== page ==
Open Standards and Open Source in Telecom

Posted on January 18th, 2017

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“Open standards” and “open source” are two terms that can often be confused. While regular readers of this blog are likely able to differentiate, for clarification’s sake, open source is the term used for software when the original source code is freely available and can also be redistributed and modified. But it doesn’t just reference access to the source code – distribution terms of open source software must comply with its own set of criteria.

When telecommunications was in its infancy, standards were needed and established before any technology was released. As the development of new networks and technology grows, it will mean prototypes in open source, collaborative projects, which are challenges that we’ve discussed in a previous blog post. The development of new internet-enabled mobile devices and internet service providers have brought telecommunications to the forefront, as well as trends towards cooperation between the Open Standards and Open Source communities, as previously highlighted in our blog about the need for collaboration in mobile security.

As Dave Ward, an OpenStand Advocate at CISCO, pointed out, “new Open Source Consortiums (OSS) are being started daily to expedite innovation, it’s important to acknowledge that the cycle time of an OSS and a Standards Development Organization (SDO) are fundamentally different.” But they can work to compliment each other.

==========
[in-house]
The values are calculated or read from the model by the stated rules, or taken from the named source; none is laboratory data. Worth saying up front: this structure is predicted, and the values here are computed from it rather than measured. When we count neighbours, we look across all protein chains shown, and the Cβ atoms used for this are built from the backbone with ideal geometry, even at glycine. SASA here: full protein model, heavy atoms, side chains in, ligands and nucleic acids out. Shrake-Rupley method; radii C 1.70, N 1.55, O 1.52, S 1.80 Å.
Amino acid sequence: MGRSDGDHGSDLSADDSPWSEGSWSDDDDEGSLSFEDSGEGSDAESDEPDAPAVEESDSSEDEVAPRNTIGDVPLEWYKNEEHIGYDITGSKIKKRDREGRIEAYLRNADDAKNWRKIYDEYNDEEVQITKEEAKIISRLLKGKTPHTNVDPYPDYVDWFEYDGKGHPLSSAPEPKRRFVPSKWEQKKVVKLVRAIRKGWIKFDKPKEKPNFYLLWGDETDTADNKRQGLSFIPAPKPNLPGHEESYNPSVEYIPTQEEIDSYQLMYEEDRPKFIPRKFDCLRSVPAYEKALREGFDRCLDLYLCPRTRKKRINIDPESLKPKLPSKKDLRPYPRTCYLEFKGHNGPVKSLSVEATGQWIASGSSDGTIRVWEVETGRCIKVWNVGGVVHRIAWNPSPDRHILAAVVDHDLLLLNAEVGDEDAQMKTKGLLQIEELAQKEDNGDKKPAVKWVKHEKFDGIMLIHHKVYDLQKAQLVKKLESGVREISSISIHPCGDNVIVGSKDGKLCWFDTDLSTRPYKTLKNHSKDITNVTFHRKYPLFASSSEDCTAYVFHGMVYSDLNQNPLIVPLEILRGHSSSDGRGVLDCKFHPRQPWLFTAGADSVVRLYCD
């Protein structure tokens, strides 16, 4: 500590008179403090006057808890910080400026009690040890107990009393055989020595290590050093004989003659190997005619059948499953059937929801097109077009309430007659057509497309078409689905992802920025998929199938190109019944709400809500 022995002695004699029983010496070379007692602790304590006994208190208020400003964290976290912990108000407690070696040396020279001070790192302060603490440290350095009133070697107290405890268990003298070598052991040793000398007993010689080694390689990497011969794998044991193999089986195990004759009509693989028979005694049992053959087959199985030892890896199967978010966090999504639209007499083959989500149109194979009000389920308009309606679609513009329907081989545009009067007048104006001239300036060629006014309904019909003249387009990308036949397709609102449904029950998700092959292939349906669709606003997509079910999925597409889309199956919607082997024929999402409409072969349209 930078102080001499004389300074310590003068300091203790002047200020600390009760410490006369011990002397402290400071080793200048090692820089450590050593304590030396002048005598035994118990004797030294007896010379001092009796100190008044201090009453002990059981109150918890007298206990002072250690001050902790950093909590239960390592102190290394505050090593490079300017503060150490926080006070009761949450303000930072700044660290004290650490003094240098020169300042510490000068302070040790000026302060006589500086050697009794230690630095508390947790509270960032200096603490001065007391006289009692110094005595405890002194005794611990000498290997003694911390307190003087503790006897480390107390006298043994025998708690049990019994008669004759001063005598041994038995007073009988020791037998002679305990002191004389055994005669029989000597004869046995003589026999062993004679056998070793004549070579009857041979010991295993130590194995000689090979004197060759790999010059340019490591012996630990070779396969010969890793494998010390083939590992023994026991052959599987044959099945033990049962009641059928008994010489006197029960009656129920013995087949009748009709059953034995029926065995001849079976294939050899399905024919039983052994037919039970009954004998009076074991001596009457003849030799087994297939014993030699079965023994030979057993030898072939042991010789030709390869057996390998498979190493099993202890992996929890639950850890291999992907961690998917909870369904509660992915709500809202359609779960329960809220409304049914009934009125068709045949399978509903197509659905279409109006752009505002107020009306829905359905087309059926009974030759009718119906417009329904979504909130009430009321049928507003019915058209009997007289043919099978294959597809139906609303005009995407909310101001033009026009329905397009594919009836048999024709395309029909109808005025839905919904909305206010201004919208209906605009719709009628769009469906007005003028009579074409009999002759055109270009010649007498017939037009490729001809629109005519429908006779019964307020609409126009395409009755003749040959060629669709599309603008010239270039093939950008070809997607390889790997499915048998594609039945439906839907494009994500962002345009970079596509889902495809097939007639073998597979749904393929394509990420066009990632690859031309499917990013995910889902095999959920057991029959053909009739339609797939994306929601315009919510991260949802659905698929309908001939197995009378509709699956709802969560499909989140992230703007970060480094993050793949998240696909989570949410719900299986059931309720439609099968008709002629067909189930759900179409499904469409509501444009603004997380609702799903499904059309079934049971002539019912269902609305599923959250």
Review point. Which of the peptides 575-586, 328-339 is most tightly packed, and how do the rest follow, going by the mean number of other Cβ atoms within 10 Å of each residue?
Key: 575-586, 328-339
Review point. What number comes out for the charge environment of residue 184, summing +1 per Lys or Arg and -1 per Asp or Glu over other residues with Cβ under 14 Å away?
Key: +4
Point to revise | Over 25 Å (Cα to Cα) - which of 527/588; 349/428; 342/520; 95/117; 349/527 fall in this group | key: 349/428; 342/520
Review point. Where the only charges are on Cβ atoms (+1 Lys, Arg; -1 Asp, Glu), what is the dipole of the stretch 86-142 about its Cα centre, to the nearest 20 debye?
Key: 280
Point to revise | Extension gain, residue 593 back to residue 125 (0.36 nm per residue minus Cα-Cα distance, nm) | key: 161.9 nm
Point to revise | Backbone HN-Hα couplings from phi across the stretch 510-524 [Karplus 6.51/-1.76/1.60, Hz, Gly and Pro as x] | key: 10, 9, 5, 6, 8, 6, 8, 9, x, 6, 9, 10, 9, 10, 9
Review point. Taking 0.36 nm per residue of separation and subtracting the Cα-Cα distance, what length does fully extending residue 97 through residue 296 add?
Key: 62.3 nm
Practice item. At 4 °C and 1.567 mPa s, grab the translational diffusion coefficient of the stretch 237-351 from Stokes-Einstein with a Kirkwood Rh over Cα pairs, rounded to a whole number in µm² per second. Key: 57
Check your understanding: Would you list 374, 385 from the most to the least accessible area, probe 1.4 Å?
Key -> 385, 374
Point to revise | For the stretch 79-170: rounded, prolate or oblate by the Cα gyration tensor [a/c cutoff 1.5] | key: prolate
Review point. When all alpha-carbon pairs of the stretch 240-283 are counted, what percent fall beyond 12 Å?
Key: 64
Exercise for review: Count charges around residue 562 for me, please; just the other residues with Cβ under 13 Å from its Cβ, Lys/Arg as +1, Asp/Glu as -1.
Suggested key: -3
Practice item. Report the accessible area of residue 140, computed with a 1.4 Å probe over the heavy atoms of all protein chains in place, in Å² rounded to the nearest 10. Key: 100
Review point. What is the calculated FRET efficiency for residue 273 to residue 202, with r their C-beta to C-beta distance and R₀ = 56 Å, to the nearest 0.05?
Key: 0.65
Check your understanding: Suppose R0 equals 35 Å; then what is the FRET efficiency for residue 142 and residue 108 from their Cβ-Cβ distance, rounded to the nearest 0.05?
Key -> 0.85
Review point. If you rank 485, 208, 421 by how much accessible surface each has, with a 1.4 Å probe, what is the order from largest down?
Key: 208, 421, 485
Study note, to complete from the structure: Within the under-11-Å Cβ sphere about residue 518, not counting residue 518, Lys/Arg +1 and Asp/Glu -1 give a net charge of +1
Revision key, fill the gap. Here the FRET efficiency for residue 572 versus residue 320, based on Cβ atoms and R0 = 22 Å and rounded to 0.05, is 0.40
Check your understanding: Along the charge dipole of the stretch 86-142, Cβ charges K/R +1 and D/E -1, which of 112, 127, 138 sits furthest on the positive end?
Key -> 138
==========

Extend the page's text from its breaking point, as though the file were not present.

Standards bodies must exist to continue internet innovation and functionality. As pointed out in a recent article from Pipeline, SDOs benefit the mobile value chain in different ways. For example, SDOs:

  • Help the industry prevent overlap and fragmentation of work by including players from across the mobile value chain, allowing insight into the entire system architecture.  Without this, pieces of solutions coming from multiple vendors are unlikely to work together.  
  • Evolve historical standards such as MMS or Device Management as networks shift to preserve interoperability and backward compatibility.  
  • Provide a legal and business framework that ensures fair practices in licensing, participation rights, publication processes and conflict resolution.

In order to build and maintain successful innovations like 5G networks and IoT devices, a collaborative network must exist between SDOs and OSS. SDOs can assist with architecture, quality and interoperability of Open Source projects, as well as enhance the overall vitality of the mobile value chain.

Belief in the necessity of standards organizations like OpenStand means a lot to those working daily to raise awareness about the need for open standards. You can advocate for open standards, as well, by joining our growing community of OpenStand Advocates.

 

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